This morning, bright and early (probably a little *too* early after last night’s lovely Christmas dinner with some excellent friends!) and in the freezing cold, I got my smoker out and set up. For the past couple of weeks, my fridge has been half full of partly cured pork products. Well, the curing finished last week, and today it was time for some smoke!
What you can see hanging there is my boxing day ham, and a batch of Christmas streaky bacon. For more information on my DIY cold smoker, you can have a look at the smoking and curing posts, collected here. For suggested UK supplies of smoking and curing ingredients and paraphernalia, have a look at my suppliers list.
The little sawdust-burning ProQ cold-smoke generator has served me very well in the course of the last year or so, but we had a bit of excitement with it this morning, after the tea light which is used to start the sawdust smouldering decided to overheat and do a striking impression of a miniature chip pan fire! You’ll be relieved to hear, I’m sure, that no serious harm was done to the bacon, and that I still have my eyebrows! It was however alarming enough that I’m going to look into alternative ways of starting the smoulder in future.
The amazing colour of the ham comes from the same treacle-based cure I blogged about using earlier this year, though in deference to the larger piece of pork leg, and the fact that this time, it has the bone in, I allowed a curing time of 10 days. The only other change was the addition of a couple of fresh bay leaves to the curing solution. The gorgeous 2.5kg piece of pork leg came from our local farm shop butcher, who has wonderful meat.
Between now and Boxing Day, once it’s rested for 48 hours to let the smoke flavours permeate, I’ll wrap it up and put it in the freezer. I’m expecting that, once boiled and glazed, it will look a lot like this – I can’t wait to see what difference the smoke makes!
The bacon is mostly intended for gifts (except for the biggest piece, which is mine-all-mine!). It was a great success last year, and seemed popular with its recipients!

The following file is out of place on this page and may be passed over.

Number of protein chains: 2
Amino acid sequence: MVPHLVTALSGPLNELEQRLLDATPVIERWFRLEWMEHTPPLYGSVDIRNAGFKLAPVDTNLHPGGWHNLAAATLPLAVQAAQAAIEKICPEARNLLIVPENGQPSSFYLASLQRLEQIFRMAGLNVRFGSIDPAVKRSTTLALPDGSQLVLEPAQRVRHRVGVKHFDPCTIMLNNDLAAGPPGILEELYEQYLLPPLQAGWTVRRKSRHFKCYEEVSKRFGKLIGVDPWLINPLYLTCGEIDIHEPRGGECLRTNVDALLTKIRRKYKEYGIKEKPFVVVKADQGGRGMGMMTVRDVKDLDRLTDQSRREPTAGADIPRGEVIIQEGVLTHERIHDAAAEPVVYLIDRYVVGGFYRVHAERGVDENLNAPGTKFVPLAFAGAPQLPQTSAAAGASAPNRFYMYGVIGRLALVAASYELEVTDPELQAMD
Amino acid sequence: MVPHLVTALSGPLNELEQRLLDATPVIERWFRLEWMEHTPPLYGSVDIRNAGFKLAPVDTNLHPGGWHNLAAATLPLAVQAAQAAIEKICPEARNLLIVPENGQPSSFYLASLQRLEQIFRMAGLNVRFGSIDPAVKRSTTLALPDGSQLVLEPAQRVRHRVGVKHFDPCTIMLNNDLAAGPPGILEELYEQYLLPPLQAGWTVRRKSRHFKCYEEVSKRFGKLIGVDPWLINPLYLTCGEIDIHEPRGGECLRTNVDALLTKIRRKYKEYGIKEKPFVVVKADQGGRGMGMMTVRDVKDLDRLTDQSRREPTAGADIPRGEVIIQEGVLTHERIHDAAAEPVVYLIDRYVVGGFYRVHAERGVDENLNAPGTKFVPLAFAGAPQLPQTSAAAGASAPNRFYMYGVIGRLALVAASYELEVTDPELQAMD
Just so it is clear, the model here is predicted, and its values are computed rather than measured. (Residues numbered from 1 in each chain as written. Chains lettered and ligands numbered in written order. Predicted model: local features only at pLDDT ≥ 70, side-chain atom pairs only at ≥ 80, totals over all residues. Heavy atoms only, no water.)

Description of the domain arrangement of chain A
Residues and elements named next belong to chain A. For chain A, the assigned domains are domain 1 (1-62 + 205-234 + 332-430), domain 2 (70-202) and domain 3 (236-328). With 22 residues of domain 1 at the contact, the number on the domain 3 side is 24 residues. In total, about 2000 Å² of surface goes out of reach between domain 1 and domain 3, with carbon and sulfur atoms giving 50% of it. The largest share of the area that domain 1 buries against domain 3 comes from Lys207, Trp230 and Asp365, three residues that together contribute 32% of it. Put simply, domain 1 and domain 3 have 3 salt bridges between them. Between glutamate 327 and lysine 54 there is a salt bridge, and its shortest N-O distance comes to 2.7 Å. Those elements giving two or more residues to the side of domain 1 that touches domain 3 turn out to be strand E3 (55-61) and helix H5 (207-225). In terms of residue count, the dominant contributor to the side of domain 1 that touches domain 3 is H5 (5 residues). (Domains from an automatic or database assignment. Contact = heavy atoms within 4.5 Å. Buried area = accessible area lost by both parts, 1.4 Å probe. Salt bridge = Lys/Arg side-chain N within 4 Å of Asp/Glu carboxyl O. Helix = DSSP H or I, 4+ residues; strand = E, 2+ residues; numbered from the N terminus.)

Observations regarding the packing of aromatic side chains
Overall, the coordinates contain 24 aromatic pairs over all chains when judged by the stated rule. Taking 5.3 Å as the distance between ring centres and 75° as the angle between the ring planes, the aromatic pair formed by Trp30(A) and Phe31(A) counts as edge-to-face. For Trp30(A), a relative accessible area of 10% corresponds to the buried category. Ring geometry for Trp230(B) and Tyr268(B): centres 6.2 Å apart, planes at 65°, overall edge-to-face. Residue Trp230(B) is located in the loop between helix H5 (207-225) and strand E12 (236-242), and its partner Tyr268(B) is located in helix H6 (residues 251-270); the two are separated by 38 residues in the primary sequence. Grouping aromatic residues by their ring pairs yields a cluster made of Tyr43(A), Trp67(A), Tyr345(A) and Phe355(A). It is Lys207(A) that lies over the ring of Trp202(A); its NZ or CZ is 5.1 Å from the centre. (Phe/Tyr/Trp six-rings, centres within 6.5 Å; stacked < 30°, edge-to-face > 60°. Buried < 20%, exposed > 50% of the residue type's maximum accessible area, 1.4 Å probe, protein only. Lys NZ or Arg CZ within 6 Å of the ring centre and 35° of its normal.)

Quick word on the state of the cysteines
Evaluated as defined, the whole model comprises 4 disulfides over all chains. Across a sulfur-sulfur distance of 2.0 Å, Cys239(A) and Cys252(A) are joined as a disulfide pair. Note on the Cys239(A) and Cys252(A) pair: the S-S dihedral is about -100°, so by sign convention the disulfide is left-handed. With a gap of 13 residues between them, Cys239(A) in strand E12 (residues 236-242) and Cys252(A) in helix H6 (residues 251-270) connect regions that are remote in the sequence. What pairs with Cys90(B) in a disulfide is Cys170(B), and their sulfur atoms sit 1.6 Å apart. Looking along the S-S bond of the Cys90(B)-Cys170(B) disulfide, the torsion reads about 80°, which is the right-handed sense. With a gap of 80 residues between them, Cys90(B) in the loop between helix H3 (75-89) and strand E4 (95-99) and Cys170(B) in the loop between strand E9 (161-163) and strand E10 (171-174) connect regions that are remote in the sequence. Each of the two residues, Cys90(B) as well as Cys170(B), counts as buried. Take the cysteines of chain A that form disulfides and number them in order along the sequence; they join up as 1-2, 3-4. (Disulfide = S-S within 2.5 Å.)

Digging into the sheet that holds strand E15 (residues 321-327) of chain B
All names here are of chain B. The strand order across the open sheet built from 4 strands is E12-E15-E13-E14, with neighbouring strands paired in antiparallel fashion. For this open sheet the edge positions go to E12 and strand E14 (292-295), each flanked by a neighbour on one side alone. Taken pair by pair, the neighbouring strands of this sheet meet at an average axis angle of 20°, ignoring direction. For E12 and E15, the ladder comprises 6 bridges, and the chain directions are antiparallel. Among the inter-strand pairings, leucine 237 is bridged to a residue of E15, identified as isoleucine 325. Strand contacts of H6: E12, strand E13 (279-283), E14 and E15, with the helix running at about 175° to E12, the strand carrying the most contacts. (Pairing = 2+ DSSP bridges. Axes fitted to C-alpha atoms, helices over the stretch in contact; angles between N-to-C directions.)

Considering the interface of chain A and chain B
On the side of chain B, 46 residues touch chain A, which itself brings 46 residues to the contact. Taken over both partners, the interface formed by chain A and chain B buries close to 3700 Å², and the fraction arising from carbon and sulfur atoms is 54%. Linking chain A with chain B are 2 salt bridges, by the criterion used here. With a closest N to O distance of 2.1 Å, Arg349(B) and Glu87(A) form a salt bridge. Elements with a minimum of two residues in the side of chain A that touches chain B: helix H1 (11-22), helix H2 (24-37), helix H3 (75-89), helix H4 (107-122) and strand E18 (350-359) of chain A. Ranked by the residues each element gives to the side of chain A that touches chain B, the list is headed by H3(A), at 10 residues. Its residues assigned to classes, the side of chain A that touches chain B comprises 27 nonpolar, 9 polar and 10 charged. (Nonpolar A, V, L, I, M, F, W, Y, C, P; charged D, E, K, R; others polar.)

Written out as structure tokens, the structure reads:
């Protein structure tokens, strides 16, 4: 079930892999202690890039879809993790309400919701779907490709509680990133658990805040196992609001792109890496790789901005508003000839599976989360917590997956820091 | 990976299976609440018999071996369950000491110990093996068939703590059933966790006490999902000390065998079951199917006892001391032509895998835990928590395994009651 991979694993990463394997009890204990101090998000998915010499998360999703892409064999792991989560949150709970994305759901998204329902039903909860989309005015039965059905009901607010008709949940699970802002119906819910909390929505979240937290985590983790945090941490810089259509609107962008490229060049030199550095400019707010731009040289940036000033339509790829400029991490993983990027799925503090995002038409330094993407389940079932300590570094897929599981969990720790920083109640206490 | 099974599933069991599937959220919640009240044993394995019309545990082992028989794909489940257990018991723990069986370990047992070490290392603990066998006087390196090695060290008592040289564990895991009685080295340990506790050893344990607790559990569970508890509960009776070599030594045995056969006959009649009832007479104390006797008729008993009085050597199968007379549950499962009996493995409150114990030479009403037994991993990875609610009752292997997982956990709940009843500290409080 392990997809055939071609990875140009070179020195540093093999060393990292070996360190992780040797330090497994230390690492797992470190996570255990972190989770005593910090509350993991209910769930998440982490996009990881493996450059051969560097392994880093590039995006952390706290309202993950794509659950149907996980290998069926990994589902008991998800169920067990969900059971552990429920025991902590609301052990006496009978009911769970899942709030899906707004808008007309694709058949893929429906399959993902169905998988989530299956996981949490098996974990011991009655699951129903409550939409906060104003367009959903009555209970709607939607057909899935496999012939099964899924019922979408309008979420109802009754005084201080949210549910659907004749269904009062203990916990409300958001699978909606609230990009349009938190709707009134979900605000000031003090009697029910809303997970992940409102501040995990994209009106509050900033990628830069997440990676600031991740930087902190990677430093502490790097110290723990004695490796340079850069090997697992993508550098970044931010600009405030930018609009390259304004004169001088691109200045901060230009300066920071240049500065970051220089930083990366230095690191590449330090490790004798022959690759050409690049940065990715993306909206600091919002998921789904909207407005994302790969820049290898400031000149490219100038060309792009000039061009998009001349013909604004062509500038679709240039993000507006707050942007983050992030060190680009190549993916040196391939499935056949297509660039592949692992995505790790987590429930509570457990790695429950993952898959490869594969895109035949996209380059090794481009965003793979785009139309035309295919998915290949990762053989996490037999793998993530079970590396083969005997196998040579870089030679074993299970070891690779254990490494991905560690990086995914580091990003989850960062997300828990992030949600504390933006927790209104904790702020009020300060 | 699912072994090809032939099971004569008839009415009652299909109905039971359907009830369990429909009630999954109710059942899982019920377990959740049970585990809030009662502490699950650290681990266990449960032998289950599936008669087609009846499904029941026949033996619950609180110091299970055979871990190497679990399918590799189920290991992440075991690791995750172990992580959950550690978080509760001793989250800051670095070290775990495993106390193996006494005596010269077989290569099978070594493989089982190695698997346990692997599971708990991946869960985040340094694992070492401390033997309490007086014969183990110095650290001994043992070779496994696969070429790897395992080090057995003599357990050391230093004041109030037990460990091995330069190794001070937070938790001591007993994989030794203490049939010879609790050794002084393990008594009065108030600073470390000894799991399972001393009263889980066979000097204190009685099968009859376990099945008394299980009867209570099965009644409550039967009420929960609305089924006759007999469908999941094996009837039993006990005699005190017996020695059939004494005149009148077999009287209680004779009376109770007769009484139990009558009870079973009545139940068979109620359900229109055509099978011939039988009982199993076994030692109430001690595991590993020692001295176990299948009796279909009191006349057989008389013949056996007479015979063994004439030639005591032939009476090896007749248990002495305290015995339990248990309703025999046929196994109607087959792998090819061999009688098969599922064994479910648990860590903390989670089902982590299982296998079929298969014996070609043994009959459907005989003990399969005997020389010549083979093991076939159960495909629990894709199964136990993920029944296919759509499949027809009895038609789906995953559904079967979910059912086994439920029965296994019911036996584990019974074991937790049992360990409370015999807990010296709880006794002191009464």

It’s been curing over the last week, using a bacon-in-a-bag technique I’ve been refining over the last year. Nearly all my home-cured bacon is made this way now, and I’ve settled on an 8% cure for most purposes, made up with between 66-75% curing salt and 25-33% sugar.
This total batch was about 2.5kg in weight. In addition to the meat, I used –
- Supracure – 133g (see my other curing posts for more information about this pre-mixed curing salt)
- Mollasses sugar – 66g
- Aromatics, consisting of 4 bay leaves, 20 juniper berries, 40 allspice berries, one clove, and about 1/4 of a whole nutmeg
- Two large strong freezer bags
Grind up all the spices in a spice grinder (except the nutmeg, which you’ll probably be safer grating by hand), and then mix the spices into the salt and sugar. Prepare the pork belly by trimming it if required and then slicing into the appropriate pieces.
Now rub about half of the cure generously over all the surfaces of the pork, and pack it into the freezer bags. Put these in the fridge and turn them over at least once a day, alternating which one is on top if you have more than one bag.
In two days (three if you’re using pork loin rather than belly), pour off any liquid which has accumulated in the bag – this may be very little if you started with excellent quality meat that hasn’t had water added! – and apply the rest of your cure mixture before returning to the fridge for a further 3 days, turning daily as before.
After your 5 or 6 days in total have elapsed, take the bacon out of the bag, rinse it carefully under cold tap water, dry with kitchen towel, and place on open racks or uncovered on plates in the fridge for another day (or ideally two) to allow the pellicle to form – this is a sticky glossy surface which will develop on the surface of the bacon.
Then, you can eat your bacon, or, as I did today, smoke it.
I’ve used a mix of beech and apple sawdust for todays smoke run, it gives quite a strong, aromatic smoke which I think will stand up well against the robust flavours in both the ham brine and the bacon cure.
The bacon will be frozen, wrapped as individual pieces in waxed baking paper, until we use ours to make our pigs-in-blankets on Christmas day (it was amazing last year!), or give it as gifts.
I’m trying to write a post a day during Advent, so, please come along with me while I try to Blog Advent – the Country Skills Way – and forgive me if I don’t quite manage it!
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